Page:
In February 1945, Nazi armies were quickly beaten back towards Berlin by armies of the Soviet Union.British and American forces were preparing to invade Germany.Unconditional surrender could be expected from Germany in a matter of weeks.Also, in the Pacific War, American forces moved steadily from island to island towards a final invasion of the Japanese home islands.The possibility of using an atomic bomb to end the war was unknown to military experts and world leaders.

With the defeat of Germany and Japan a certainty, the leaders of the Big Three Allied Powers, Prime Minister Winston Churchill of Great Britain, Communist Party Secretary Joseph Stalin of the Soviet Union, and President Franklin Delano Roosevelt of the United States, met to plan and discuss the postwar world.The meeting was held at Livadia Palace at Yalta on the Crimean Peninsula of the Black Sea from February 4 to February 11, 1945, and was called the Yalta Conference.Was the Yalta Conference a success for the United States and Great Britain?One possibility is that a wily Joseph Stalin took advantage of an ailing Roosevelt to get many concessions in return for few on his part.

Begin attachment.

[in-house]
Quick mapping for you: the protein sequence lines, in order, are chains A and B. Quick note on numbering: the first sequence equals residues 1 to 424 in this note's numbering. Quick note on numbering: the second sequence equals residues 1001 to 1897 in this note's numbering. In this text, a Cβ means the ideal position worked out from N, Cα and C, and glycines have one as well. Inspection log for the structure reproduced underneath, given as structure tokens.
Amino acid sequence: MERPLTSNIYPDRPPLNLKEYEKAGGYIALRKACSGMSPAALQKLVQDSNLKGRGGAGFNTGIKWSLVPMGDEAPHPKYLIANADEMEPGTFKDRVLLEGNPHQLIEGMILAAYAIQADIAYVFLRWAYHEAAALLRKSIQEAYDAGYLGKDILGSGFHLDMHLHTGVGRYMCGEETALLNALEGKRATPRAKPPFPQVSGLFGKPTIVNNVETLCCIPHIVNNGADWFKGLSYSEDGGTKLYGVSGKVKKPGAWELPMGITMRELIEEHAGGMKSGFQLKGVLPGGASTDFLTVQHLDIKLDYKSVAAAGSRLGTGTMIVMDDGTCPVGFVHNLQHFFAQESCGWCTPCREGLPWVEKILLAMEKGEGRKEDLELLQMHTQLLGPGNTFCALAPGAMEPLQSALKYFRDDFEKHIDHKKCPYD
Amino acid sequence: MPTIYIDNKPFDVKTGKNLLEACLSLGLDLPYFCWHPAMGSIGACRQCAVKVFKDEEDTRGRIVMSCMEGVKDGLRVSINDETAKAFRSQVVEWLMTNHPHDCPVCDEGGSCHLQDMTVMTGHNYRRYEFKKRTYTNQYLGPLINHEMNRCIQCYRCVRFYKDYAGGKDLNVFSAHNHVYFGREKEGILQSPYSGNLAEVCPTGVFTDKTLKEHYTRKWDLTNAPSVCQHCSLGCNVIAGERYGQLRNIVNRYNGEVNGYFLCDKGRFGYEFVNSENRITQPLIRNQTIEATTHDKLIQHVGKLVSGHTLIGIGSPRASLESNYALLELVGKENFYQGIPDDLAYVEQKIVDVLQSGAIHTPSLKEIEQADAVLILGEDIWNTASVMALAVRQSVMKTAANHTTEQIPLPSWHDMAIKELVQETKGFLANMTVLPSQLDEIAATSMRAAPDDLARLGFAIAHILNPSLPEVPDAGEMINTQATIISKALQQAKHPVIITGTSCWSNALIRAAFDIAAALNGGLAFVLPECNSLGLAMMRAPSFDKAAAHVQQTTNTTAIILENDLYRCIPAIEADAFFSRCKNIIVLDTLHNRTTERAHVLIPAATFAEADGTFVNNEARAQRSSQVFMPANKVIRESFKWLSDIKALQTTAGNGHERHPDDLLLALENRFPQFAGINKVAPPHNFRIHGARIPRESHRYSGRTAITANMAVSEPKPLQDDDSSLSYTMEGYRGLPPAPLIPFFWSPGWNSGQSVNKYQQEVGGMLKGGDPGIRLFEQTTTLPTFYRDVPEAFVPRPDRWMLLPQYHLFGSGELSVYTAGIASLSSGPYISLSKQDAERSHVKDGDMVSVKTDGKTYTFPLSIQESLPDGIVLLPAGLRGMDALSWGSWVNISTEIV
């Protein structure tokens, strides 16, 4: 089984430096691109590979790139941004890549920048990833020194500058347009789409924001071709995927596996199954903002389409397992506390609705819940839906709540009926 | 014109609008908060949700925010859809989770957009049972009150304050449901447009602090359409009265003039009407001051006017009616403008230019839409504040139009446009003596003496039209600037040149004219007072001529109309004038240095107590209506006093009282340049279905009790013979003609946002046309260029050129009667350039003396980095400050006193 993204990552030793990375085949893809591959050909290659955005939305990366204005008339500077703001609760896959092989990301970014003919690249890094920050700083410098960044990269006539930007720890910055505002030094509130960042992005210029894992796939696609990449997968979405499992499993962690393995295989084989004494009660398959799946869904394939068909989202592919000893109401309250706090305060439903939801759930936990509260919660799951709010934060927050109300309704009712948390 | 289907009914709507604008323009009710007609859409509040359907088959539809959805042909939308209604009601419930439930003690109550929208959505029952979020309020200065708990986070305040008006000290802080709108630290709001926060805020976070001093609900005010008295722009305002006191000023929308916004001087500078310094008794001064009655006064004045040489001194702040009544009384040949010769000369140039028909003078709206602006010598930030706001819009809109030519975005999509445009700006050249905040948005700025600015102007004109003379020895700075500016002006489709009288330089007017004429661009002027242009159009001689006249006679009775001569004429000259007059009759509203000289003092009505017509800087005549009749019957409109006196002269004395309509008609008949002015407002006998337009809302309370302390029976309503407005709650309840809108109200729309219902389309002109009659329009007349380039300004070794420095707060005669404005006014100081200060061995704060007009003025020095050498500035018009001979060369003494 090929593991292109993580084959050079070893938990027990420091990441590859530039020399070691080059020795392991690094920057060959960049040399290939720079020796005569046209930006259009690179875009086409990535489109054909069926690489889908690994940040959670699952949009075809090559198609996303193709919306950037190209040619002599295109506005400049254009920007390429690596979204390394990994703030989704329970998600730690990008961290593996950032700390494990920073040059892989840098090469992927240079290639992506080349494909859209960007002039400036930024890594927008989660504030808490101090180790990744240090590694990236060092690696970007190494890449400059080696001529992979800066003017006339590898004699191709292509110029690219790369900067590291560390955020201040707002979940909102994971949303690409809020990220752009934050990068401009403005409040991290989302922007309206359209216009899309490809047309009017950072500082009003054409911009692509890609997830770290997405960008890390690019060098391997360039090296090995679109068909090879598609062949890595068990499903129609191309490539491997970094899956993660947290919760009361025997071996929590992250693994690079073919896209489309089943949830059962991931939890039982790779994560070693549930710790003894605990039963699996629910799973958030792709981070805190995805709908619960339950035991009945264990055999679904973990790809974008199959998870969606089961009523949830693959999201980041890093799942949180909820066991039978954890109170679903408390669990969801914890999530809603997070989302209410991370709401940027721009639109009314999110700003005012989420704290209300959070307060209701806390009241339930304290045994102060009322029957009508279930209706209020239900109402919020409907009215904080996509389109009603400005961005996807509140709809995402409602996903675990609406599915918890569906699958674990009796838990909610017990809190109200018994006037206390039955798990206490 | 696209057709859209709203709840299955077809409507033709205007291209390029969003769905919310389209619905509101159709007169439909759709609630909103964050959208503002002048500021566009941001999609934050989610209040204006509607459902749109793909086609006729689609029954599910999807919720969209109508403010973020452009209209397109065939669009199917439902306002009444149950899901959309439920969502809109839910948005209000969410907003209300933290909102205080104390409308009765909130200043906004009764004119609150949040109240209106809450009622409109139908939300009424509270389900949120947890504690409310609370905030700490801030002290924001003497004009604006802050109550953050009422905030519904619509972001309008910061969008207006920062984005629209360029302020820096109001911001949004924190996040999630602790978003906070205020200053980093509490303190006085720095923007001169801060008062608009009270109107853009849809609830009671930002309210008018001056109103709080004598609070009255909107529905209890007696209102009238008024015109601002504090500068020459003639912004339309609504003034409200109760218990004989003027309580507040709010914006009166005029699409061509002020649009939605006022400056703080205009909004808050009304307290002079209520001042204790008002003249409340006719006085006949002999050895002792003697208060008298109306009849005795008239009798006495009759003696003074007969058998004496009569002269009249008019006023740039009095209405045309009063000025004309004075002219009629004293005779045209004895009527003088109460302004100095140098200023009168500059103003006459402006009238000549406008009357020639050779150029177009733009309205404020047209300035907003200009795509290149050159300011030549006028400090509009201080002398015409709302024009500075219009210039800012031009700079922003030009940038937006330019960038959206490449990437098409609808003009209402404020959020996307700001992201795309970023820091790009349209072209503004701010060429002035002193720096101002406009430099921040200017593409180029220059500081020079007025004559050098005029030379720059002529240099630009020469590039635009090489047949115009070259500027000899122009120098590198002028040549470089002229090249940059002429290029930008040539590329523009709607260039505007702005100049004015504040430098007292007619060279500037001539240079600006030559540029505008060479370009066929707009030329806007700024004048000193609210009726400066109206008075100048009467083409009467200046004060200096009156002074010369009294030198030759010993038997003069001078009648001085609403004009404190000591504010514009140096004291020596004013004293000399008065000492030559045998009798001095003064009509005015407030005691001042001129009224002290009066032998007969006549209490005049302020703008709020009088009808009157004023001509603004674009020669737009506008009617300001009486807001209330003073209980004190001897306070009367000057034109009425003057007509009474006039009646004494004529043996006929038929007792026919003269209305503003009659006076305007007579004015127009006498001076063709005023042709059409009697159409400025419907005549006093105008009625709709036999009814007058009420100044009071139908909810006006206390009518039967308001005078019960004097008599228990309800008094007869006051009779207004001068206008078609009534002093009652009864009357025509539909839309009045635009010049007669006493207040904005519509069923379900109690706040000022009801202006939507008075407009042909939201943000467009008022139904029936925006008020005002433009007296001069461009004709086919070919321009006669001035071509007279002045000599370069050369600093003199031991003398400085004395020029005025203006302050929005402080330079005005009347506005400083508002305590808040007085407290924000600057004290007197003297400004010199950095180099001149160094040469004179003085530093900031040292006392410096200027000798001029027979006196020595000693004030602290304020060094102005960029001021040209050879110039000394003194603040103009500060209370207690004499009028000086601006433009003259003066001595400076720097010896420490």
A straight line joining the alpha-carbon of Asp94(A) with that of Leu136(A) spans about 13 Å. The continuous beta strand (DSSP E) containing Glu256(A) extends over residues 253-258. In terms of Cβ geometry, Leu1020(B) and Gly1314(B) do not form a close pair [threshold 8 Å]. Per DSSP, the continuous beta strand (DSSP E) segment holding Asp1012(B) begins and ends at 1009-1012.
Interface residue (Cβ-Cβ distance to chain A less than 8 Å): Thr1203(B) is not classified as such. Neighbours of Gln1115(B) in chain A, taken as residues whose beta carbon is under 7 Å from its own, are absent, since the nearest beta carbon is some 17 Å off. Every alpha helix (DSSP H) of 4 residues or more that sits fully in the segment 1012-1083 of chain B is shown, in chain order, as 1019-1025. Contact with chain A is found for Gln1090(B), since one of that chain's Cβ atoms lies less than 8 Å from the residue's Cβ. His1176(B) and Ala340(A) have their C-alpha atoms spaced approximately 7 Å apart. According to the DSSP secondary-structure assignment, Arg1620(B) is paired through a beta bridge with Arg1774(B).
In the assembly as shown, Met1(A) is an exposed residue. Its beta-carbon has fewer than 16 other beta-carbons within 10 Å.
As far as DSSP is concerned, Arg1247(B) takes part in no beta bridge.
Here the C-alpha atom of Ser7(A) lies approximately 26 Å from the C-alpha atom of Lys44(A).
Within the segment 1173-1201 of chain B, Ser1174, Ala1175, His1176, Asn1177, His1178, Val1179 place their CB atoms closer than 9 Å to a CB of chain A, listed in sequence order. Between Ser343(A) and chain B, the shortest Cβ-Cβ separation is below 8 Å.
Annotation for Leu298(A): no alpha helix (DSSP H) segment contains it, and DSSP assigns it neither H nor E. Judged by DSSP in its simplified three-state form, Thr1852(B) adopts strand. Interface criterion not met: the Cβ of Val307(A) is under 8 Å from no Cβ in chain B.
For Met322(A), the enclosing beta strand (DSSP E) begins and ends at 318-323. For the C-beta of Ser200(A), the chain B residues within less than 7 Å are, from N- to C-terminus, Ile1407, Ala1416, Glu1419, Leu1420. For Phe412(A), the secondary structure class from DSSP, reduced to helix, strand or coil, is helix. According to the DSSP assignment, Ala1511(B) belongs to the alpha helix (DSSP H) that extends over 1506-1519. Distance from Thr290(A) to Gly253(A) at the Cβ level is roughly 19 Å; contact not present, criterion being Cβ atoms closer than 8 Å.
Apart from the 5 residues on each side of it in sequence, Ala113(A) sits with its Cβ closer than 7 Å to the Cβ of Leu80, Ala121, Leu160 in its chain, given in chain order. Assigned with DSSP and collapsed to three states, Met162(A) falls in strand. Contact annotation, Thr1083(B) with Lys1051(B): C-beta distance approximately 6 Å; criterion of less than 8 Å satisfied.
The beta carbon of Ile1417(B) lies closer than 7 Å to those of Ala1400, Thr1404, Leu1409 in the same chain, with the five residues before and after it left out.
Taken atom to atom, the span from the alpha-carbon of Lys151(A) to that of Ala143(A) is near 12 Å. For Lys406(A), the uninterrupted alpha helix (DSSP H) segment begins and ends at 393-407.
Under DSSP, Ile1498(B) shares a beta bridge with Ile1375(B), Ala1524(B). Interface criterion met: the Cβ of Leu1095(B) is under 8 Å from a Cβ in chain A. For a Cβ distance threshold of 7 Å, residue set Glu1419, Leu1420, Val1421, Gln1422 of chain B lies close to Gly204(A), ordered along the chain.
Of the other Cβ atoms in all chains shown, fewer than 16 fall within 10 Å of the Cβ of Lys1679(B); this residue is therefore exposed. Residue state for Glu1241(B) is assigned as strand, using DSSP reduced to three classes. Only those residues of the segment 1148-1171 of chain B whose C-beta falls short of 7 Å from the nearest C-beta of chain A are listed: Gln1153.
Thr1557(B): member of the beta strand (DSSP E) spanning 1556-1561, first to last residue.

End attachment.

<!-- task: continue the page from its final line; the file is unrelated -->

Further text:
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It may also be argued that the agreements reached were mostly harmless and benefited none of the Big Three.Along this same notion, it can be argued too that conflicting aims and conflicting personalities inevitably led to compromises that failed to satisfy any of the leaders.The correct answer to the question is actually that the Yalta Conference was a success for the United States and Great Britain because they benefited most.That is to say that even though some significant concessions were made to Stalin by Churchill and Roosevelt, Stalin’s concessions were even more significant.If it appears, in hindsight, that the Soviets came out ahead, it is because Stalin went back on his word, not because of concessions to him. Discussions at Yalta opened on the topic of the f…